I had no Netflix movies last night, so I was left to pick among the pile of movies I own but have not yet watched. And from these I decided I might want to see something from my Val Lewton horror collection boxed set, which usually come through and also have the additional virtues of offering the full satisfaction and dense content of a full film in 20-50 minutes’ less time. Some of the other notable Lewton features are Cat People, Curse of the Cat People, I Walked With a Zombie, and The Leopard Man. They are all mysterious and compelling, with brilliant set-pieces, stunning photography, and rich subtexts, and many of them are among my favorite movies of all time.
This film proved to have all of the aforementioned Lewton attributes in spades. It was apparently inspired by a William Hogarth painting, Bedlam, Plate 8: The Rake’s Progress [below]. Another Lewton film, The Isle of the Dead, was also inspired by a painting.
We begin in London, 1761. A man is trying to escape Bedlam, hanging onto a precipice, when a guard comes by and steps on his fingers, forcing him to fall. The next morning Lord Mortimer and Mistress Bowen are passing by, and become aware of the accident / murder. They call Sims, Bedlam’s manager, played by Boris Karloff, to Mortimer’s side to get to the bottom of this. Mortimer finds watching the “loonies” of the asylum to be inherently hilarious, so Karloff promises to prepare a play to be performed by the inmates. In exchange for this, Mortimer forgets the death of the boy.
Mistress Bowen accepts Lord Mortimer’s suggestion and goes to see the inmates for her amusement. She is greeted by Karloff, who has been visited by a Quaker. Bowen is taken into the asylum and horrified by the treatment if the inmates [the scene reproduced from the Hogarth]. Karloff is unrepentant about his treatment of them: “Some are dogs, those I beat. Some are pigs, those I let wallow in their own filth.” Bowen is repulsed, and the Quaker notes that she was moved to pity, which she denies. She slips immediately back into her royal persona of contempt for the common.
Then Karloff does his show for Mortimer. There is a young inmate, covered in gold. We are told—through a clumsily-placed piece of exposition—that if you gild every inch of a person’s body, they will be unable to breathe and die [did this film inspire the same death in Goldfinger?]. So the amusement of the party is in watching this boy die, whereupon Karloff tells his assistants to put the body in a burlap sack and dump it in the river. Once more, Bowen is outraged. Karloff argues that it was really the boy’s choice; after all, he didn’t HAVE to breathe.
Once more Bowen denies her kindness and pity to the Quaker, but is obviously attracted to him, and soon enough is converted. She throws a huge, haughty scene [in a poor approximation of the 18th-century British Royal talk] that makes Karloff roll his eyes. Anyway, she makes a total break with Mortimer and laves him, seeming to adjust fairly well from leaving her royal life in palaces, etc. for dark hovels. Mortimer then further needles her by taking away her furniture.
SPOILERS > > >
But Bowen makes some trouble for Mortimer in that she has a parrot that has been taught to say he’s a pig. He wants the bird, but she refuses, and Karloff offers a solution: lock her away in Bedlam. After some hugger-mugger he does, and Bowen is told that she submitted a petition to be let into the institution, and is taken away. The Quaker comes to see her, but Karloff won’t let him in. By this time Bowen is really starting to lose her mind. There’s a great sequence in which, after the Quaker has snuck in, he calls her name, and all of the insane inmates start repeating it, so she doesn’t know that the Quaker is there to help her.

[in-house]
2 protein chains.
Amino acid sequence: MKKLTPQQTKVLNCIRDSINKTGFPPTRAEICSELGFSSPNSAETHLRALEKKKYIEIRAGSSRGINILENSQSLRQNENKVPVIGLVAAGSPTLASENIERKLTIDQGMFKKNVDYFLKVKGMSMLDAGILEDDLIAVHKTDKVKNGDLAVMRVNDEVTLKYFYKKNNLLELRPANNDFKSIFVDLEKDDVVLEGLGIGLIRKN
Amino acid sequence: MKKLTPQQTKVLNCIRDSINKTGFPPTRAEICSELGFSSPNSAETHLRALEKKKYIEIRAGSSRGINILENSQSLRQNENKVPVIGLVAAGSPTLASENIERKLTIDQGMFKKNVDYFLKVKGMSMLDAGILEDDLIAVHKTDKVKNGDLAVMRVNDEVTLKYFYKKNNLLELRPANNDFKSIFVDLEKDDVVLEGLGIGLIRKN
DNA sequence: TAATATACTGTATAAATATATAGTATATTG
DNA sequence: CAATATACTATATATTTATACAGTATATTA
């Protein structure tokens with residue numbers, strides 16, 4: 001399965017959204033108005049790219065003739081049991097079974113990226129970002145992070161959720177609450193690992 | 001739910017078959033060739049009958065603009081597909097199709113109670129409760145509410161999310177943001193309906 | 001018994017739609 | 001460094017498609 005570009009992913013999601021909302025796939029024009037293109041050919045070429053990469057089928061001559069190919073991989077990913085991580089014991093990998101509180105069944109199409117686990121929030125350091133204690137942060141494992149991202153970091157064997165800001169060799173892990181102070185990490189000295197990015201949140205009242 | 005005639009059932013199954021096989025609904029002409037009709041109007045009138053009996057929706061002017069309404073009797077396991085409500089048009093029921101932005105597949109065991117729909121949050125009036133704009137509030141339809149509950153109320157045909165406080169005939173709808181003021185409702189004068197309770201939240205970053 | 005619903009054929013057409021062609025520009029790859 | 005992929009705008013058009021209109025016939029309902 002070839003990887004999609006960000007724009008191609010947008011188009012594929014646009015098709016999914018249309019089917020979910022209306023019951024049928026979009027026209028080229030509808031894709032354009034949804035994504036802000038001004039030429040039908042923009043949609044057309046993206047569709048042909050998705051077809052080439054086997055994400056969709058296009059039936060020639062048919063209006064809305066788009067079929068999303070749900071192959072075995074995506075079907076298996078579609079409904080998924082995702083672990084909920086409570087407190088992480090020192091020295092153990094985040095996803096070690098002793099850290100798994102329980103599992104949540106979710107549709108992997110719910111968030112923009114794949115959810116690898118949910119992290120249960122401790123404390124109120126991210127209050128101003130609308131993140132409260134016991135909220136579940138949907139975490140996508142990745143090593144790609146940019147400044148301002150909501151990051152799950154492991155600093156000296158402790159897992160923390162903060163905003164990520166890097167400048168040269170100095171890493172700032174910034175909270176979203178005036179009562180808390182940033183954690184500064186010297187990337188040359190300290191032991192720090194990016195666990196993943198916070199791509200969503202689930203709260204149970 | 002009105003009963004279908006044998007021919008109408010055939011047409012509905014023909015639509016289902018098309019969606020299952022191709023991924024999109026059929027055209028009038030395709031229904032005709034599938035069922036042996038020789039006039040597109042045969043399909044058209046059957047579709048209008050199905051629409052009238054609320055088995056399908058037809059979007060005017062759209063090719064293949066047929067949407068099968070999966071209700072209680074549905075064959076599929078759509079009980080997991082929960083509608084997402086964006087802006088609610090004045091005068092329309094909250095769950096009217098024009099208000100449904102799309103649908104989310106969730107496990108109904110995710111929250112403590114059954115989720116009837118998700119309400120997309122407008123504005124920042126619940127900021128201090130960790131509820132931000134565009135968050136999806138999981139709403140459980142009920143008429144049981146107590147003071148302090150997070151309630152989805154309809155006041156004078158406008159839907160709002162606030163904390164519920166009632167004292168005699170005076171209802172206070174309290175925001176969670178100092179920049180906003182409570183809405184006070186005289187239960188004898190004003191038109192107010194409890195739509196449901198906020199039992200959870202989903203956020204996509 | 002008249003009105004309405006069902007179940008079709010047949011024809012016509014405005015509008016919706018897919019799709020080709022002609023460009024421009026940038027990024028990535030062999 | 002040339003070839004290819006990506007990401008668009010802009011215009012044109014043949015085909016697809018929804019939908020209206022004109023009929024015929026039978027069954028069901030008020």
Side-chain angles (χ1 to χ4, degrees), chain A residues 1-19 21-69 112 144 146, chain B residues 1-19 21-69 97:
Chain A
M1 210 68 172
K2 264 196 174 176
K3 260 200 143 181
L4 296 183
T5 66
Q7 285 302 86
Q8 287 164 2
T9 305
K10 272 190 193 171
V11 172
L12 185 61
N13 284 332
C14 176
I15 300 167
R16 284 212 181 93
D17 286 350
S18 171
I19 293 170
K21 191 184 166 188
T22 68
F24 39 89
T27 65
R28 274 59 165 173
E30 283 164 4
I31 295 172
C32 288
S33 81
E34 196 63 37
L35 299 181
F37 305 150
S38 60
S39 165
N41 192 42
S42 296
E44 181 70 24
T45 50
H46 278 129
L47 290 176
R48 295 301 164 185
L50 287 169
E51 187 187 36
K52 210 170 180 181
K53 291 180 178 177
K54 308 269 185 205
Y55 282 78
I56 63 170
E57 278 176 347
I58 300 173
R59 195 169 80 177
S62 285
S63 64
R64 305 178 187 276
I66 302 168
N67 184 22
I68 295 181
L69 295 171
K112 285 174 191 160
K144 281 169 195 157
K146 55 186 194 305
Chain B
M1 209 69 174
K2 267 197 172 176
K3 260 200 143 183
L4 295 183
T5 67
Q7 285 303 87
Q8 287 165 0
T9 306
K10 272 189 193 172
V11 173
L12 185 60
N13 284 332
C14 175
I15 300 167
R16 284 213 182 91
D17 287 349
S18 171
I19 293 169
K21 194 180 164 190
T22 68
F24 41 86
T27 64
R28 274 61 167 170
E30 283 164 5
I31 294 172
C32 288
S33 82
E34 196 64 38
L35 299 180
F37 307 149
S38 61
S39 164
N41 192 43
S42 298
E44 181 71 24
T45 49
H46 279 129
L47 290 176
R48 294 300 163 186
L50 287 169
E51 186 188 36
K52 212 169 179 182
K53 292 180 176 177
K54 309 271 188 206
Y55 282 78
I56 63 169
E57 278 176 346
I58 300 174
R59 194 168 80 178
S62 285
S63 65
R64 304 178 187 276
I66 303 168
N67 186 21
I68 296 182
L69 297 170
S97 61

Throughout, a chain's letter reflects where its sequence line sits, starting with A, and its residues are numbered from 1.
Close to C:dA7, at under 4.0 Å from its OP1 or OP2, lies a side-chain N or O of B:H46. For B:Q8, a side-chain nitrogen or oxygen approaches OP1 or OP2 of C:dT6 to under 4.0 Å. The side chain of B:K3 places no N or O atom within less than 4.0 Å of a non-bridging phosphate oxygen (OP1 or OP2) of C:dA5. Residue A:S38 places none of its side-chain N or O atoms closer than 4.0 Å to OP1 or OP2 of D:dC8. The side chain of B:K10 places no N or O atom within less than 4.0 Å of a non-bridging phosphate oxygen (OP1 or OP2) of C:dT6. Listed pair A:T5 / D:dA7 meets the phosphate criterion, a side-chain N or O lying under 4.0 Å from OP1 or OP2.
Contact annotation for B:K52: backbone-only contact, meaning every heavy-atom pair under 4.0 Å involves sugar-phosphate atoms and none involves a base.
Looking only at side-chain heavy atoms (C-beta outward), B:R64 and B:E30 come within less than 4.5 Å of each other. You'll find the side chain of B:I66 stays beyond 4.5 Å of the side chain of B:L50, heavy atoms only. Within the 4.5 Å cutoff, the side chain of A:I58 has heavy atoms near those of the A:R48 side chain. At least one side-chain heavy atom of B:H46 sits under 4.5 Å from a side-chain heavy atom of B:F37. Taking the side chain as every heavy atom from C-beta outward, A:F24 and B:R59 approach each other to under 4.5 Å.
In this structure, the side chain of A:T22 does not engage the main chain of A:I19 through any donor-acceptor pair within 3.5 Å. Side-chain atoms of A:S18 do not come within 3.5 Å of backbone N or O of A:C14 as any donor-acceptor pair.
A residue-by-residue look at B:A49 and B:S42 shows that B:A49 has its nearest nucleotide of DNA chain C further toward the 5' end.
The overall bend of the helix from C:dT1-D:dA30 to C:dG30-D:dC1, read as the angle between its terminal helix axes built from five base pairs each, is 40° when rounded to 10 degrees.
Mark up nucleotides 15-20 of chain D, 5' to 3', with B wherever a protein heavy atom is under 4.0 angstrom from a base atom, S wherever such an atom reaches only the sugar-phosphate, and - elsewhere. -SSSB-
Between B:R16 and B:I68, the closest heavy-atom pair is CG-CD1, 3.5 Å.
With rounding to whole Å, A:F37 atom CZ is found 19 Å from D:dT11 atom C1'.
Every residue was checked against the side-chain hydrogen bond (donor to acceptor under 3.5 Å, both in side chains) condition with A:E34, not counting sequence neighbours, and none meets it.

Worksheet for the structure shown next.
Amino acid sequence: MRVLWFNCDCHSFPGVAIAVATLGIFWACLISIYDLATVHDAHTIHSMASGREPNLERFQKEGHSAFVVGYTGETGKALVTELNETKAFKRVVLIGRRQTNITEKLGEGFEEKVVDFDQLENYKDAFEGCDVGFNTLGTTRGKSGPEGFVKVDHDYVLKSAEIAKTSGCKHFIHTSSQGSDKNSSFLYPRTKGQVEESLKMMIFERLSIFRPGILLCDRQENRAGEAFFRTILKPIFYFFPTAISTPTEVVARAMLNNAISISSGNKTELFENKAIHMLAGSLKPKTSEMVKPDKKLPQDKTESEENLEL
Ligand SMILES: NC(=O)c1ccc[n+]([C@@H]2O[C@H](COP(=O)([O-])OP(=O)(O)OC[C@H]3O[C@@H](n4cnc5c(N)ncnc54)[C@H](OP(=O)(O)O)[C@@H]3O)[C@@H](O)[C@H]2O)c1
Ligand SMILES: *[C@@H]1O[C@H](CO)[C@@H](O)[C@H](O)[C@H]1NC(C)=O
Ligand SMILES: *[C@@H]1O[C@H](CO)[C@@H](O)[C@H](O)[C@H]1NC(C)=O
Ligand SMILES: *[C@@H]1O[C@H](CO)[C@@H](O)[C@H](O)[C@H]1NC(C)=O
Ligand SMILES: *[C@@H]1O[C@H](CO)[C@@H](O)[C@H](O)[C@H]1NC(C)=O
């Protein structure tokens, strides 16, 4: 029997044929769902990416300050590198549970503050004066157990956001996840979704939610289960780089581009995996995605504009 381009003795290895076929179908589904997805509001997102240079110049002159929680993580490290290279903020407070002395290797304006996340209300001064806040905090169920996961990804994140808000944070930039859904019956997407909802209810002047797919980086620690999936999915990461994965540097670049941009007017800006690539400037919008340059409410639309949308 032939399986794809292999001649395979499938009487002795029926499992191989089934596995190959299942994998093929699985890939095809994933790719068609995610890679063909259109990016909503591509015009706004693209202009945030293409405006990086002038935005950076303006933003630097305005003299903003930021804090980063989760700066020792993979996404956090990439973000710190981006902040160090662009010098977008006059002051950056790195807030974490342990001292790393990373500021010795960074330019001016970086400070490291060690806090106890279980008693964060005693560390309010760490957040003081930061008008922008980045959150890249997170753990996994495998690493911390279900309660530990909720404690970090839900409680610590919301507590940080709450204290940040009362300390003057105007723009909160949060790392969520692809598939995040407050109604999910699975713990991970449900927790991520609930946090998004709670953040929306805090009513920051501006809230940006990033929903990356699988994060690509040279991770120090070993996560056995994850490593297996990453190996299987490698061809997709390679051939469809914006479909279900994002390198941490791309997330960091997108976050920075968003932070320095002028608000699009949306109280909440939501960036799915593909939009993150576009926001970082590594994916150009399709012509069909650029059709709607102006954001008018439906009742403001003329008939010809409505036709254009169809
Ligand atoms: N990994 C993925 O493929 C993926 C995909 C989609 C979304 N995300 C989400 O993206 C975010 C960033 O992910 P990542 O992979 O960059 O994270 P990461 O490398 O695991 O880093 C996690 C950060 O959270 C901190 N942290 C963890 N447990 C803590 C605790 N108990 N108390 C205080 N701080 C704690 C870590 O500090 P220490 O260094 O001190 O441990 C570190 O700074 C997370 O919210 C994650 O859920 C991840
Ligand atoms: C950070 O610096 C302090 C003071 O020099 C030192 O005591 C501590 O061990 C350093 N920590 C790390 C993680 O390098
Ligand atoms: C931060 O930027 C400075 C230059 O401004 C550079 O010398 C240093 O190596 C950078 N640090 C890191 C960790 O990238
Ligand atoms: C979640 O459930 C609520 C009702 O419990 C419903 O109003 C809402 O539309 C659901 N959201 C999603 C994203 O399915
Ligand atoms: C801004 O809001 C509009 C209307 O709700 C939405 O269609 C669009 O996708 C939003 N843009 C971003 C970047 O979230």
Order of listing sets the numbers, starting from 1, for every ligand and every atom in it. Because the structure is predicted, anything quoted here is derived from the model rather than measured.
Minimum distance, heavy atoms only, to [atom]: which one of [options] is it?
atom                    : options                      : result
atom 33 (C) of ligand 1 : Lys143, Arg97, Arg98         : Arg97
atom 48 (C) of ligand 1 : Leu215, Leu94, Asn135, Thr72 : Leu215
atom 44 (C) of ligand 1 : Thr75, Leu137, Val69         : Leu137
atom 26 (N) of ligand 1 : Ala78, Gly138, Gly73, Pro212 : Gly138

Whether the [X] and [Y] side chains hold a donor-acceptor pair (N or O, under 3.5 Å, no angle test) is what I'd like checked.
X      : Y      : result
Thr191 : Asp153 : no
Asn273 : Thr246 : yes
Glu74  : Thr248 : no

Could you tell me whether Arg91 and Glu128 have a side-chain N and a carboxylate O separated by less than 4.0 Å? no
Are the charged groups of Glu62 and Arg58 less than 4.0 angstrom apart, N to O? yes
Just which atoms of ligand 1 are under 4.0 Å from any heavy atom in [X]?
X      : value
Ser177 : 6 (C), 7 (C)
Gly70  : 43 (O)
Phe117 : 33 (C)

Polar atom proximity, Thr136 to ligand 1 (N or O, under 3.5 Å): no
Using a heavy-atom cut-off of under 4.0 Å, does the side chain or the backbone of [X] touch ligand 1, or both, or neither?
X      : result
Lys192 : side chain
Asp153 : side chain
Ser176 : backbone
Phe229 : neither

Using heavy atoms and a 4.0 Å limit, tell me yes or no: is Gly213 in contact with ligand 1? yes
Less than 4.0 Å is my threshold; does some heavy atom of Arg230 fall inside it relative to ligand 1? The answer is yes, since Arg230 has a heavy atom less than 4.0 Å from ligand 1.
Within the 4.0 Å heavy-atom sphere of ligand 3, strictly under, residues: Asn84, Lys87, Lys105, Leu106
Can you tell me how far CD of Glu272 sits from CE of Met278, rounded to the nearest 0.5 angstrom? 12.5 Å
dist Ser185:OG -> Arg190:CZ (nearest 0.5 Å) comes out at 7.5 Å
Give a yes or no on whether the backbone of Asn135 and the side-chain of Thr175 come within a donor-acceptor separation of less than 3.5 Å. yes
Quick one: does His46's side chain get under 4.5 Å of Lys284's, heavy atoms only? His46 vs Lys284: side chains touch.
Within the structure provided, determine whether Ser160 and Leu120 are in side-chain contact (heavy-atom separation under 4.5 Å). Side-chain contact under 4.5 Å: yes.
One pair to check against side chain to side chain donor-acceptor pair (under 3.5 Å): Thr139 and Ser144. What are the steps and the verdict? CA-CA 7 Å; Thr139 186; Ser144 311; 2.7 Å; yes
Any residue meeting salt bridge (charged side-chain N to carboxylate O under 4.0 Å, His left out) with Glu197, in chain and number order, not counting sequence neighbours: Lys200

< < < SPOILERS END
It all goes on and resolves itself in a very satisfying way that I have no reason to spoil for anyone. As with almost all the Lewton movies, this one contains jaw-droppingly gorgeous black and white photography. There were so many frames I would have liked to have pulled out… The one below with the shadows and the dress was a particular favorite, and much better to see in motion.
Another classic Lewton touch [and he actually wrote this script, with the director Marl Robson] is the way the subtext seems much more meaningful and dark than the text. After talking about “some are dogs… those I beat” he goes up to a beautiful woman and says “some are beautiful…” and leaves the thought of what he does with them in to your imagination. This particular thing gains further resonance by his wish to have Bowen in his asylum. As usual with these movies, there are several dark undercurrents like this one.
The commentary on this disc is somewhat interesting, but avoids any serious discussion of the themes, technique or construction of the movie in favor of factual tidbits about everyone involved. We find out a fair amount about the other works of art that inspired certain elements, and also that the dress Bowen wears when she visits the asylum IS the same dress that Scarlett O’Hara made out of her drapes in Gone With the Wind. Huh.
Anyway, you should watch all of the Lewton films, but this one is better than some of the others. Very satisfying and, as usual, dark, moody, brilliantly photographed, and full of dark subtext.